BIRDS - They are considered as a very important indicator for the overall health of our natural environment. As stated by The National Audubon Society's State of Birds:
Like the proverbial canaries in the coal mine, they send an urgent warning about threats to our water, air, natural resources, climate and more.And in order to identify bird population trends, as well as to highlight species and habitats at risk, the Christmas Bird Count is annually held. The National Audubon Society, as well as other organizations, use the data collected in this longest-running wildlife census to assess the health of bird populations - and to help guide conservation action.
Recently, on the 14th of December of the year 2011, the 112th Christmas Bird Count started. This event has ended last week on the 5th of January of this year 2012, and we are now currently waiting for The National Audubon Society for the results, and how the counts went.
For the Love of Birds and For the Sake of Their ConservationTens of thousands of volunteers throughout the Americas participated in the annual bird watching event. This adventure has become a family tradition, generation after generation for over a hundred years. Completely equipped with their birding gears such as binoculars, bird guides, and checklists, they all go out on this annual mission, most of them starting to venture before the break of dawn. Ready to leave the comfort of a warm house during the Holiday season and to brave snow, wind, and rain just to take part in the Christmas Bird Count, they are all very dedicated to make a difference, to experience the beauty of nature, and to make an enormous contribution to conservation.
Everyone who takes part in this yearly event does it for the love of birds and the excitement of friendly competition -- and with the knowledge that their efforts are making a difference for science and bird conservation.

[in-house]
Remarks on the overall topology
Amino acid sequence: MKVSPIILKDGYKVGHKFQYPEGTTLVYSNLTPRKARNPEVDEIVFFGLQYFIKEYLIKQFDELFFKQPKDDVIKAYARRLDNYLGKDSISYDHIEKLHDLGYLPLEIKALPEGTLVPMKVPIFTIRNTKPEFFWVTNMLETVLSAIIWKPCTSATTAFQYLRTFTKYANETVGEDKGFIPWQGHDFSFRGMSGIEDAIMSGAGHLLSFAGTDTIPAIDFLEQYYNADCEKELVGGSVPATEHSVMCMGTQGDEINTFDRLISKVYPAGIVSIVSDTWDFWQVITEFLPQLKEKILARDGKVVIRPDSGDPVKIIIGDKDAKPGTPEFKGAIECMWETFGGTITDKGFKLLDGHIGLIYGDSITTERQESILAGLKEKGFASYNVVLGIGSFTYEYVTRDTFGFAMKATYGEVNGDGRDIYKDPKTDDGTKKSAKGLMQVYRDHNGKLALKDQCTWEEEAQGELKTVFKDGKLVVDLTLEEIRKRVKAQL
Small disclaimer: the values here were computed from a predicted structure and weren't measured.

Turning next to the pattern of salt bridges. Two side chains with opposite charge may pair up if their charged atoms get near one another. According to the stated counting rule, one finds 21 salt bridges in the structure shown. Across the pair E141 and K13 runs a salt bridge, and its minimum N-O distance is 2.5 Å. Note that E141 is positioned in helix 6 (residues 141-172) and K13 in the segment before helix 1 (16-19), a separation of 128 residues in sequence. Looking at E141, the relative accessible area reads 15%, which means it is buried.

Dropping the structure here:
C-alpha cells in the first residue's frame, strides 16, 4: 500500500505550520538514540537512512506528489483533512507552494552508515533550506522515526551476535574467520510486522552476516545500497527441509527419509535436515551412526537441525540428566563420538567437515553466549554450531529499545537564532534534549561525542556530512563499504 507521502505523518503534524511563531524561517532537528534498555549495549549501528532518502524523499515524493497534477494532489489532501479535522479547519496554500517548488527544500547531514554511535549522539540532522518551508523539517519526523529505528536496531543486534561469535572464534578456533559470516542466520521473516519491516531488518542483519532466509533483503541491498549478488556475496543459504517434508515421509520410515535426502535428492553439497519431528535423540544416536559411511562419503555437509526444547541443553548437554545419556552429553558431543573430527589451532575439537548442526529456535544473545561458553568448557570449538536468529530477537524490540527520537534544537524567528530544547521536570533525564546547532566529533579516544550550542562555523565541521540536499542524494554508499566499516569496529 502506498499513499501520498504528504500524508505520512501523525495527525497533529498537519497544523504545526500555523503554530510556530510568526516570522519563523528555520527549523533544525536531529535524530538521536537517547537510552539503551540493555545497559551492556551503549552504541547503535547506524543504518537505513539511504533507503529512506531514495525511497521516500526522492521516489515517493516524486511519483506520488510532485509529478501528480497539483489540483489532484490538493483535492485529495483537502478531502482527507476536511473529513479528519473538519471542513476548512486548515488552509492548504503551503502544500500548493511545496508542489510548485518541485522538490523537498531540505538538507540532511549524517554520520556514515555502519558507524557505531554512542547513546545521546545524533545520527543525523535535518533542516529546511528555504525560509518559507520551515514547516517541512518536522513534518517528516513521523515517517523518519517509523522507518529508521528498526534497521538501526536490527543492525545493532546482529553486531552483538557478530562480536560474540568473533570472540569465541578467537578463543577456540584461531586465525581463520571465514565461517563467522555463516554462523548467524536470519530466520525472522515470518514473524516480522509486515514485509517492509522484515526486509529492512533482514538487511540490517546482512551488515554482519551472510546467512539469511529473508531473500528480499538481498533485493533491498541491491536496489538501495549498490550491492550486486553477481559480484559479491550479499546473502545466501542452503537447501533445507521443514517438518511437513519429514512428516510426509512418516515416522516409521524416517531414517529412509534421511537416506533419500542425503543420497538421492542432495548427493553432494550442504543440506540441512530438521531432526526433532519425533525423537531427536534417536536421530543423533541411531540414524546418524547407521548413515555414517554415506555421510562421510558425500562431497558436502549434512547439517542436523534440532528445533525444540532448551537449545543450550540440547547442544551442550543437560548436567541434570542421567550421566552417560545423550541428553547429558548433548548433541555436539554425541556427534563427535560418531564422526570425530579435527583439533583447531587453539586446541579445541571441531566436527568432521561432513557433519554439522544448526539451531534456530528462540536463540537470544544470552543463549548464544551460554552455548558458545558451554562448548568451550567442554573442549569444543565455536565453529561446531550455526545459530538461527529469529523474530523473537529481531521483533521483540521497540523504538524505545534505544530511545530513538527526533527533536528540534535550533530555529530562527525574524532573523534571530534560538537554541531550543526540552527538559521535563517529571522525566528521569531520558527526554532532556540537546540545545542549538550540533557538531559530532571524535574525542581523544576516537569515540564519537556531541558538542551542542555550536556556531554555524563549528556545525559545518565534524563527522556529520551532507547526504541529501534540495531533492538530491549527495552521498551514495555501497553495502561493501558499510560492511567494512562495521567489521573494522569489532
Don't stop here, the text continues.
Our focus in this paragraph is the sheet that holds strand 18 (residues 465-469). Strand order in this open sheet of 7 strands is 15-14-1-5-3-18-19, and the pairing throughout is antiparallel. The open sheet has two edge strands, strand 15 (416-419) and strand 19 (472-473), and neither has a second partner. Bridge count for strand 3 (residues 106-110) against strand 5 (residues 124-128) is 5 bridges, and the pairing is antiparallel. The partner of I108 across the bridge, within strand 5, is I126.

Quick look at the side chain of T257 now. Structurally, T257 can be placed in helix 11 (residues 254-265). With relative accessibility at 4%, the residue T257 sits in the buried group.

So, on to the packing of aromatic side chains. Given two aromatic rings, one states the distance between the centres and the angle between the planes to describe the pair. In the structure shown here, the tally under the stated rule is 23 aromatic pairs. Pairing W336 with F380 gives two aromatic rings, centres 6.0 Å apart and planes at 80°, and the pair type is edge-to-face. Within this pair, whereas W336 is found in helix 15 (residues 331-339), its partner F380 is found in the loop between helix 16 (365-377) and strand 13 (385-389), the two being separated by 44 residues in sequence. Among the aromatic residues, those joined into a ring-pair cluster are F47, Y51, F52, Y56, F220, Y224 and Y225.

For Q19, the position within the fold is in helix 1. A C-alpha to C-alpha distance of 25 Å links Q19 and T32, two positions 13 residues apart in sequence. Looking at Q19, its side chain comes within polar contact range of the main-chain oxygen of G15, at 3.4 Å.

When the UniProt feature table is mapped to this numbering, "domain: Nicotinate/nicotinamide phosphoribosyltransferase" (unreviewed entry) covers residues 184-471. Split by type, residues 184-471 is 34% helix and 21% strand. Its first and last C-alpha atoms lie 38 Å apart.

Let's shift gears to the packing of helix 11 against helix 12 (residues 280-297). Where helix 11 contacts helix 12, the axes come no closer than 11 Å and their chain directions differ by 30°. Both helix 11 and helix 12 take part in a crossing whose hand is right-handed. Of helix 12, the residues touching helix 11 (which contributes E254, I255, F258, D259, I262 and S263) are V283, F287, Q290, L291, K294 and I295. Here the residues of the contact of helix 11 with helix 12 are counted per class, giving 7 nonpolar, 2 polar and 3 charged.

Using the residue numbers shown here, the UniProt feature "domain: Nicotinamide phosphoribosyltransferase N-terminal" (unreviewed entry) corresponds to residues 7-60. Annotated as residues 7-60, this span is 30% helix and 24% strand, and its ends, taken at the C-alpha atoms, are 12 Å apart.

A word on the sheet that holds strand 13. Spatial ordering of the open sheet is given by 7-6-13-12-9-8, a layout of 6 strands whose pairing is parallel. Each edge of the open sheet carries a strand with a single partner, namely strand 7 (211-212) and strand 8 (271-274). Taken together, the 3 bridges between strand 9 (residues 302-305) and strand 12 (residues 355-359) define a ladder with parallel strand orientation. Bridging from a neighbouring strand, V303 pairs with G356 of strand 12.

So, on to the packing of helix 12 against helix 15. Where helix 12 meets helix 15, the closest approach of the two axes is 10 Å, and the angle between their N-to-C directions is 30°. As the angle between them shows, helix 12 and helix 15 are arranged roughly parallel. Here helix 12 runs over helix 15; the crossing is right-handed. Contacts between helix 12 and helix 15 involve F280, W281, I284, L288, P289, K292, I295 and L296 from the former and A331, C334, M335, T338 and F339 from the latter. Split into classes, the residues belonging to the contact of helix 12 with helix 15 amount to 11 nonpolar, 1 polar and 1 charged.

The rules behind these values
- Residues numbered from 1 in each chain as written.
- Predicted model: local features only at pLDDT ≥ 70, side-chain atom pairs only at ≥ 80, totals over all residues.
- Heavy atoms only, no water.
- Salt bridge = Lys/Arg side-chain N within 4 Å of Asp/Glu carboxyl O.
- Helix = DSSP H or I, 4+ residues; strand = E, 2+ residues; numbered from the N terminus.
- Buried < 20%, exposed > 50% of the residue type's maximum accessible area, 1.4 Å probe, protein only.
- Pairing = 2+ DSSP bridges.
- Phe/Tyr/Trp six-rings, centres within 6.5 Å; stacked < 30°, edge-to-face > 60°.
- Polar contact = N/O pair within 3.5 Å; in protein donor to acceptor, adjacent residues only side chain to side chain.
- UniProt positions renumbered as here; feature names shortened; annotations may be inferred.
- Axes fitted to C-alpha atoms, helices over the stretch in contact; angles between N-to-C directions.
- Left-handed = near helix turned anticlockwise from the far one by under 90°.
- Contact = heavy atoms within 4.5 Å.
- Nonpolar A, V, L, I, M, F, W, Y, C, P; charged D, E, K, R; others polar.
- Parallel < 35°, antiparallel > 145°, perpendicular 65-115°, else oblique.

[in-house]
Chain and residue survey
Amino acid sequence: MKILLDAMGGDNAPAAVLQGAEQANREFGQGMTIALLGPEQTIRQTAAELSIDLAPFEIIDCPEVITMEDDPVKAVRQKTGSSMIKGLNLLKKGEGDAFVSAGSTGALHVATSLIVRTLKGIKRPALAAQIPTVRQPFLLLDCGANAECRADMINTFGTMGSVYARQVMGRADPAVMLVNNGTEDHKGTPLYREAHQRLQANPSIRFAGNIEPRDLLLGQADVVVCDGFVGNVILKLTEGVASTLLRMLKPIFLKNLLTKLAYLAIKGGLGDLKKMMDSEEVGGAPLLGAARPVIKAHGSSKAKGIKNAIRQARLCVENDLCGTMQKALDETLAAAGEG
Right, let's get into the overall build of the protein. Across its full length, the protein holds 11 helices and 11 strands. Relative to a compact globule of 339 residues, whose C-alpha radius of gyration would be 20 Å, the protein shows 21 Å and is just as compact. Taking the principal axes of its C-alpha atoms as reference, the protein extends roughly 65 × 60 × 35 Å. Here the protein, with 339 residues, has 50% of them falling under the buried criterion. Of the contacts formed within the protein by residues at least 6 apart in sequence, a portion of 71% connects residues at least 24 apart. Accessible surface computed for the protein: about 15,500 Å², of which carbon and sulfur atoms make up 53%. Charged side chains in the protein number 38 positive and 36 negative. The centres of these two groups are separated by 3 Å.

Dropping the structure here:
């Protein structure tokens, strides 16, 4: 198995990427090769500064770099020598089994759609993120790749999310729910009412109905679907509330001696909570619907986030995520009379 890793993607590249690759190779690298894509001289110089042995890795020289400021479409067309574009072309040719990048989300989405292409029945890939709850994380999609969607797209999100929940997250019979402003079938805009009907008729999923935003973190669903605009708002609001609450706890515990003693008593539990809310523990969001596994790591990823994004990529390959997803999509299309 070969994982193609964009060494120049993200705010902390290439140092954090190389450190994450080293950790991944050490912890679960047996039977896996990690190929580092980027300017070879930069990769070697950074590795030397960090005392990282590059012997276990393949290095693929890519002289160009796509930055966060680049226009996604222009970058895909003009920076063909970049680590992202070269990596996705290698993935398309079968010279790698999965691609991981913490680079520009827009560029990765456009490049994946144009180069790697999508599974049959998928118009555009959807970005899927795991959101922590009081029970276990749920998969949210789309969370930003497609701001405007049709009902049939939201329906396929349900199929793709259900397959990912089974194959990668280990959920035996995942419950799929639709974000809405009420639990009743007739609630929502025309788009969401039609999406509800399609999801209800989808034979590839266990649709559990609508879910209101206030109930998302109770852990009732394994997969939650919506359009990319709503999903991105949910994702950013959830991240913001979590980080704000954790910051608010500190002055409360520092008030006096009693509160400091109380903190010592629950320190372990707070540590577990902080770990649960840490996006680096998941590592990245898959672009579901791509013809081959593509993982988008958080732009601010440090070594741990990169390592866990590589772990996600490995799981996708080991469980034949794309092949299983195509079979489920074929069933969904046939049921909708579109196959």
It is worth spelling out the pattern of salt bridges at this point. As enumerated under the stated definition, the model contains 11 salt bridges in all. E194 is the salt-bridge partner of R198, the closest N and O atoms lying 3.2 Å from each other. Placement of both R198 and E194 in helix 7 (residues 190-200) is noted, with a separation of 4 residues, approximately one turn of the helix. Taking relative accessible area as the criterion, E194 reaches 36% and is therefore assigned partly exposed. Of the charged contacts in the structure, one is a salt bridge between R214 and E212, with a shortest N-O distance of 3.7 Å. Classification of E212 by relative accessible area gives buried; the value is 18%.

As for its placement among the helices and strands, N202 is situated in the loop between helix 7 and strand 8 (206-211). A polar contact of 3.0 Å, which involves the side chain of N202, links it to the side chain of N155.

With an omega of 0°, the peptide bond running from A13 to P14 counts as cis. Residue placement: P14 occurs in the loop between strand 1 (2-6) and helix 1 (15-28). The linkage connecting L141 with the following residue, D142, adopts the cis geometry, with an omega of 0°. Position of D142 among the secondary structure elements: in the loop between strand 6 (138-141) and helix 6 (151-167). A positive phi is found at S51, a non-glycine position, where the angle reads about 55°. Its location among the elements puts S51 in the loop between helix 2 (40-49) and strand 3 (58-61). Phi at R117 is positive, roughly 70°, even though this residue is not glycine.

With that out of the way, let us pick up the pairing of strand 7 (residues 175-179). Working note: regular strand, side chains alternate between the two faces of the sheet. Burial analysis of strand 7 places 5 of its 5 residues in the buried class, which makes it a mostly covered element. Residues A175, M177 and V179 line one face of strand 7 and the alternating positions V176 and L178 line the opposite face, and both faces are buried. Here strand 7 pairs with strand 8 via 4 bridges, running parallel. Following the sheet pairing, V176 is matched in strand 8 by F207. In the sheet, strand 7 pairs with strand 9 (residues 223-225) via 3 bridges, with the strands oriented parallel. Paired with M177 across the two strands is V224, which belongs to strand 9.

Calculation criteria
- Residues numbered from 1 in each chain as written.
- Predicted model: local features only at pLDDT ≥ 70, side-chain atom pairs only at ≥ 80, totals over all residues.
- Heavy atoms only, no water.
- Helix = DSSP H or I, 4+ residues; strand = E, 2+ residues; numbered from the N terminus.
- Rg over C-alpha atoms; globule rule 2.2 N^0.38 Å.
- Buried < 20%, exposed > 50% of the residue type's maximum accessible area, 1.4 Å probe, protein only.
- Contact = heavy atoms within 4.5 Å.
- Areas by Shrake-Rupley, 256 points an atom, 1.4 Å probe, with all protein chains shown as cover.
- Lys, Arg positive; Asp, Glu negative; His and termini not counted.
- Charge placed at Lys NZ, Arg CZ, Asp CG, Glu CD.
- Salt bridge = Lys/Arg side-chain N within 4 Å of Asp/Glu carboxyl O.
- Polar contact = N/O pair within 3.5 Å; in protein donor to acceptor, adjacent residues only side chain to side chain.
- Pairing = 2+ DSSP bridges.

|Great Horned Owl|
111th Christmas Bird Count in Central and South AmericaLet's have a flashback on how the 111th Christmas Bird Count (Dec. 14, 2010 to Jan. 5, 2011) in Latin America, including Costa Rica. It was an exceptional one, with the total number of counts submitted topping out at 51. In this season, there were counts in the Latin American region that had tallied over 300 species (where we got the 3rd place!); needless to say these were the highest species tallies of all counts during the 111th CBC:
- Mindo-Tandayapa, Ecuador, retains their spot at the top of the list with 423 species
- Yanayacu, Ecuador at 412
- Pacific Rainforest Aerial Tram, Costa Rica (that's us!) at 377
- La Selva, Lower Braulio Carillo, Costa Rica at 358
- the new Western Cloud Forest, Costa Rica at 346
- and Monteverde, Costa Rica at 311
Get involved in the Christmas Bird Count! Since the Christmas Bird Count began over a century ago, it has relied on the dedication and commitment of volunteer citizen scientists. In other words, it all starts with you!
Book tickets online for the bird watching tour at Rainforest Adventures Costa Rica Pacific and get 10% discount on every online ticket purchase!